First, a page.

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What’s the Relation between MLP ETFs and USO?

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WTI and USO price movements

As we noted in the first part of this series, WTI (West Texas Intermediate) crude oil prices fell by ~0.8% in the week ending November 20, 2015—compared to the previous week ending November 13. The prices fell due to oversupply concerns and the strong dollar. The US crude oil benchmark ETFs like the United States Oil ETF (USO) fell by 0.99% in the week ending November 20—compared to the previous week ending November 13, 2015.

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ETFs and crude oil prices

Retail and small investors won’t get easy access to the futures market. So, the United States Oil Fund LP ETF (USO) gives traders room for investments in the crude oil segment. USO tracks the price movements of WTI crude oil.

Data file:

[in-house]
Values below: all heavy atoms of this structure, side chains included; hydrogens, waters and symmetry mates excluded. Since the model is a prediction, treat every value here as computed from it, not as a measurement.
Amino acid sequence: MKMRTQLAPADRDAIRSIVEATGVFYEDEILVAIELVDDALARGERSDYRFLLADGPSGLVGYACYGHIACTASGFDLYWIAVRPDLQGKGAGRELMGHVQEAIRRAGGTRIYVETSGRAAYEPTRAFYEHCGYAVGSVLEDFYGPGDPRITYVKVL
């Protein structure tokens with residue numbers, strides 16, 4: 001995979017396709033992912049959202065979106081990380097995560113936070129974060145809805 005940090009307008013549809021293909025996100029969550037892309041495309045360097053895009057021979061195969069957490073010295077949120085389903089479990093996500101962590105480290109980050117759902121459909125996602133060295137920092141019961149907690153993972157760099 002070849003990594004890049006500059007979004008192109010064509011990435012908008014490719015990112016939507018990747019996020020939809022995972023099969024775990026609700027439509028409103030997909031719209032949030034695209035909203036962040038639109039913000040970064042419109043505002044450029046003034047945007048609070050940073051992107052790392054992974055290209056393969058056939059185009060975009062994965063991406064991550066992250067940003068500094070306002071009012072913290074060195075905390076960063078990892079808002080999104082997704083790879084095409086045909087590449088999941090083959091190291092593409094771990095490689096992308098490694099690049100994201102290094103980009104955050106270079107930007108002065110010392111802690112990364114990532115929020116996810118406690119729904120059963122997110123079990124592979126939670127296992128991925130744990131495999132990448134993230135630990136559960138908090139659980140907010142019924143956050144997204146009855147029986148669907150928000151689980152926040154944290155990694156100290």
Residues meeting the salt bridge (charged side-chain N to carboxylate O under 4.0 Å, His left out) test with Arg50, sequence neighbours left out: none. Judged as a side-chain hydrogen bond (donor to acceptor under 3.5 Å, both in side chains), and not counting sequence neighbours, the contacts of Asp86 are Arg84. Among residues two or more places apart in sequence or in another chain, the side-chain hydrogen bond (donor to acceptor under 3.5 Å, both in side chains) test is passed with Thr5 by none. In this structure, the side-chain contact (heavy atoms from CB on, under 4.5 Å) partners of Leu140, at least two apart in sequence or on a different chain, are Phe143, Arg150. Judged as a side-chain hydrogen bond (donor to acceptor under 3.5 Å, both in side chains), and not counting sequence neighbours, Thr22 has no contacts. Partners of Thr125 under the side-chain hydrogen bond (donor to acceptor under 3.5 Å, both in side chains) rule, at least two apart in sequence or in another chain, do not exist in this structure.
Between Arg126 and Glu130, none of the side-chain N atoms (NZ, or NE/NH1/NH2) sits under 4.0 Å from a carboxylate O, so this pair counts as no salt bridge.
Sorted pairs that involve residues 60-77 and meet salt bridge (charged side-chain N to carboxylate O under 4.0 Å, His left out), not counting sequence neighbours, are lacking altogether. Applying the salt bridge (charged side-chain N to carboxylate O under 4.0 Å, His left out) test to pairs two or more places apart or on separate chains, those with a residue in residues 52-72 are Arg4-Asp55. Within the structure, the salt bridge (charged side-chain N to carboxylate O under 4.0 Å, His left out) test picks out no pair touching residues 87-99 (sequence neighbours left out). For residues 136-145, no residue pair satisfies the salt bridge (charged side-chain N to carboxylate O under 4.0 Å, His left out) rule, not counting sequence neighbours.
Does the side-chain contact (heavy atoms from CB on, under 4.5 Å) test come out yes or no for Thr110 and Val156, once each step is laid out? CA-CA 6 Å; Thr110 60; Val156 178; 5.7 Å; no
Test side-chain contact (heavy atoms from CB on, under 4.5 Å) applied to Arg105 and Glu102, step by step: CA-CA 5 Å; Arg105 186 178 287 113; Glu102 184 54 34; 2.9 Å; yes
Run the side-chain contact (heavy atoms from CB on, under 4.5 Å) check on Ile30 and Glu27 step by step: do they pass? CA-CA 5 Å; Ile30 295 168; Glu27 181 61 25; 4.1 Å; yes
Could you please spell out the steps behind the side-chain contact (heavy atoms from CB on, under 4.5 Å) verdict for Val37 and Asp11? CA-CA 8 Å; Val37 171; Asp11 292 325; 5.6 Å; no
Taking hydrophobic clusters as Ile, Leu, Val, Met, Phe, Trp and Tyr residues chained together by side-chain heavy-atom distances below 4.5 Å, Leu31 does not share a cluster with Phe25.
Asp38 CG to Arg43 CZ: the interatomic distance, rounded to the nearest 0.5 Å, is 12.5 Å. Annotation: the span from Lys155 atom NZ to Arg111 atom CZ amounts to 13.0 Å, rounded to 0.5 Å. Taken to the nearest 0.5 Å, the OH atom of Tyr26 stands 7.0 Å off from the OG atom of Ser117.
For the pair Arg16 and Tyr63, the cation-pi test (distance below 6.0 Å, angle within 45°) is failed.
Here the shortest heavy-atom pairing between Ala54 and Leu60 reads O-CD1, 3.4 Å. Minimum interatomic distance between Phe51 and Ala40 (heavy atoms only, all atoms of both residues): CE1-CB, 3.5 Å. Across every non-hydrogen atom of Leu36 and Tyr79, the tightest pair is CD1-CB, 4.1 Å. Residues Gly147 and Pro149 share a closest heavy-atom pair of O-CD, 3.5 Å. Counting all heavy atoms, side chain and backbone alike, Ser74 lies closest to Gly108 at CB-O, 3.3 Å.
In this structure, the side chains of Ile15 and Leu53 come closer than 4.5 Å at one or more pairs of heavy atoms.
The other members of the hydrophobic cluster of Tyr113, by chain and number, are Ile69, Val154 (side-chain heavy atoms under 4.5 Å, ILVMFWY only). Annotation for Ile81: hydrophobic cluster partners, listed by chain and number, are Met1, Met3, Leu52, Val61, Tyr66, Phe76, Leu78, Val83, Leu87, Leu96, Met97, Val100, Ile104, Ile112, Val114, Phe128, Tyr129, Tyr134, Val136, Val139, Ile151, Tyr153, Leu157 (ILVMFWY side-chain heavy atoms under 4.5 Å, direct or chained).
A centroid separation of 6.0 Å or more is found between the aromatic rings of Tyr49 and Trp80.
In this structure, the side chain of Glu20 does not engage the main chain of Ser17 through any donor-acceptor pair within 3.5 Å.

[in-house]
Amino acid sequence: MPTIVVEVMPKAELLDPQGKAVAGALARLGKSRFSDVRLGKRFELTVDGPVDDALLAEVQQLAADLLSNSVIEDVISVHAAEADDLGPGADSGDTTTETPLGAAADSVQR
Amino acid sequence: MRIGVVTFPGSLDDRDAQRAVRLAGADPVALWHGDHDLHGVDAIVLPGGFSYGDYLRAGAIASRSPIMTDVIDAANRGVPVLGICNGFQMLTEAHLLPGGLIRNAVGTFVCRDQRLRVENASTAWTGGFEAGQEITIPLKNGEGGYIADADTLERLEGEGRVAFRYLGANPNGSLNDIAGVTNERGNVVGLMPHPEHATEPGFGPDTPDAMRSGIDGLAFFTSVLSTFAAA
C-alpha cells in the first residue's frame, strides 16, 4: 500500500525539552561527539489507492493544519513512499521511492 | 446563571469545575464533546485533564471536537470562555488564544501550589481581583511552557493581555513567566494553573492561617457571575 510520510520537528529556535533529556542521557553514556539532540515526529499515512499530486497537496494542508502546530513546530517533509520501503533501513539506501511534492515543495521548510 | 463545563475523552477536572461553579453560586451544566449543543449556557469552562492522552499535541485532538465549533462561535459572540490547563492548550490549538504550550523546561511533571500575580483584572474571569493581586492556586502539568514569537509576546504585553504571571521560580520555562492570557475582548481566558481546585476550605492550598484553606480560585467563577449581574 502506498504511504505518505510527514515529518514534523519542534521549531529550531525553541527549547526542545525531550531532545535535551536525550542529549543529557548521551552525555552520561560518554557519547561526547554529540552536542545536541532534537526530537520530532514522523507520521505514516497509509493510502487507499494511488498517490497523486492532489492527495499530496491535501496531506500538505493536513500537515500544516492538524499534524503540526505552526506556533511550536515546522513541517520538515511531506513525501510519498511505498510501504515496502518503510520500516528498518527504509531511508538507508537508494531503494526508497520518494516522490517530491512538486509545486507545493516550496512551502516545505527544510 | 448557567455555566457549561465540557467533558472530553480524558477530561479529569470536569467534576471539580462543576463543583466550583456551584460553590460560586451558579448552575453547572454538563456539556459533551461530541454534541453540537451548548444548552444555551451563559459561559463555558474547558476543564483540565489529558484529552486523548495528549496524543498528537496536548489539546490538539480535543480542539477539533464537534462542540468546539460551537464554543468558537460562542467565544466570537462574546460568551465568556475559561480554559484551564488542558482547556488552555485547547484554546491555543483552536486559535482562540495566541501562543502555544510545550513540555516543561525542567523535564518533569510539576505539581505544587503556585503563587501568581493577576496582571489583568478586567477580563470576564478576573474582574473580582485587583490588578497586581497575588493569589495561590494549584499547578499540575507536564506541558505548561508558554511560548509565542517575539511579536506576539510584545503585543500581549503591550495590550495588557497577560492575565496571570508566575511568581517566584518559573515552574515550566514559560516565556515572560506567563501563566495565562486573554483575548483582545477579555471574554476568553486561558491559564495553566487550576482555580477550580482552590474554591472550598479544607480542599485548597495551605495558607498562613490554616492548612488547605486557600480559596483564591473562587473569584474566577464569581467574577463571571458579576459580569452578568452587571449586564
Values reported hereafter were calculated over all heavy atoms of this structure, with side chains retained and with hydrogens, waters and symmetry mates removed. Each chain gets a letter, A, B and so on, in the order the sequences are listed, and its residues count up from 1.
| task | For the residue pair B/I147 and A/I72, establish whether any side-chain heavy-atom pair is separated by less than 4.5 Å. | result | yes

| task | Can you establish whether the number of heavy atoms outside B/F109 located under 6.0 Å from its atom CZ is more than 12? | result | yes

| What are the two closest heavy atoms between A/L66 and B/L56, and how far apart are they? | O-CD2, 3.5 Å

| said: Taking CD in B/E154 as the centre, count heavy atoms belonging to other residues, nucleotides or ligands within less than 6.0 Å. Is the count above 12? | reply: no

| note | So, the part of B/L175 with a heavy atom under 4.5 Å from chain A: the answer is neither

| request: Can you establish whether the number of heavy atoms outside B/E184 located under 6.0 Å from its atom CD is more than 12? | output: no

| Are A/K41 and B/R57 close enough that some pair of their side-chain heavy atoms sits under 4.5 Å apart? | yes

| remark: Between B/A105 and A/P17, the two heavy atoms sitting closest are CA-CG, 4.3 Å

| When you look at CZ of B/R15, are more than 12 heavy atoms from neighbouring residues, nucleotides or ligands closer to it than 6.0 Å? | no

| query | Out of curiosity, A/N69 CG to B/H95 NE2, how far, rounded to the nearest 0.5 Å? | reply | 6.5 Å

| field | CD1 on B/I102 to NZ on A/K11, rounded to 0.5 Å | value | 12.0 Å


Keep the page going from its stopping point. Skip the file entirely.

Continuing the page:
As you can see in the above graph, USO and WTI crude oil futures were steady at the beginning of the week. However, they started underperforming WTI in the middle of the week. USO fell more compared to WTI crude oil futures prices.

Energy sector investors can also invest in MLP ETFs like the Alerian MLP ETF (AMLP). Their prices are mainly influenced by crude oil prices. The ETFs hold investments from logistics operators in the crude oil segment. The revenue depends on crude oil producers’ production volume like Apache (APA), Hess (HES), Oasis Petroleum (OAS), Anadarko Petroleum (APC), and ConocoPhillips (COP). These crude oil producers’ production volumes depend on crude oil prices. So, investors should also look at MLPs.

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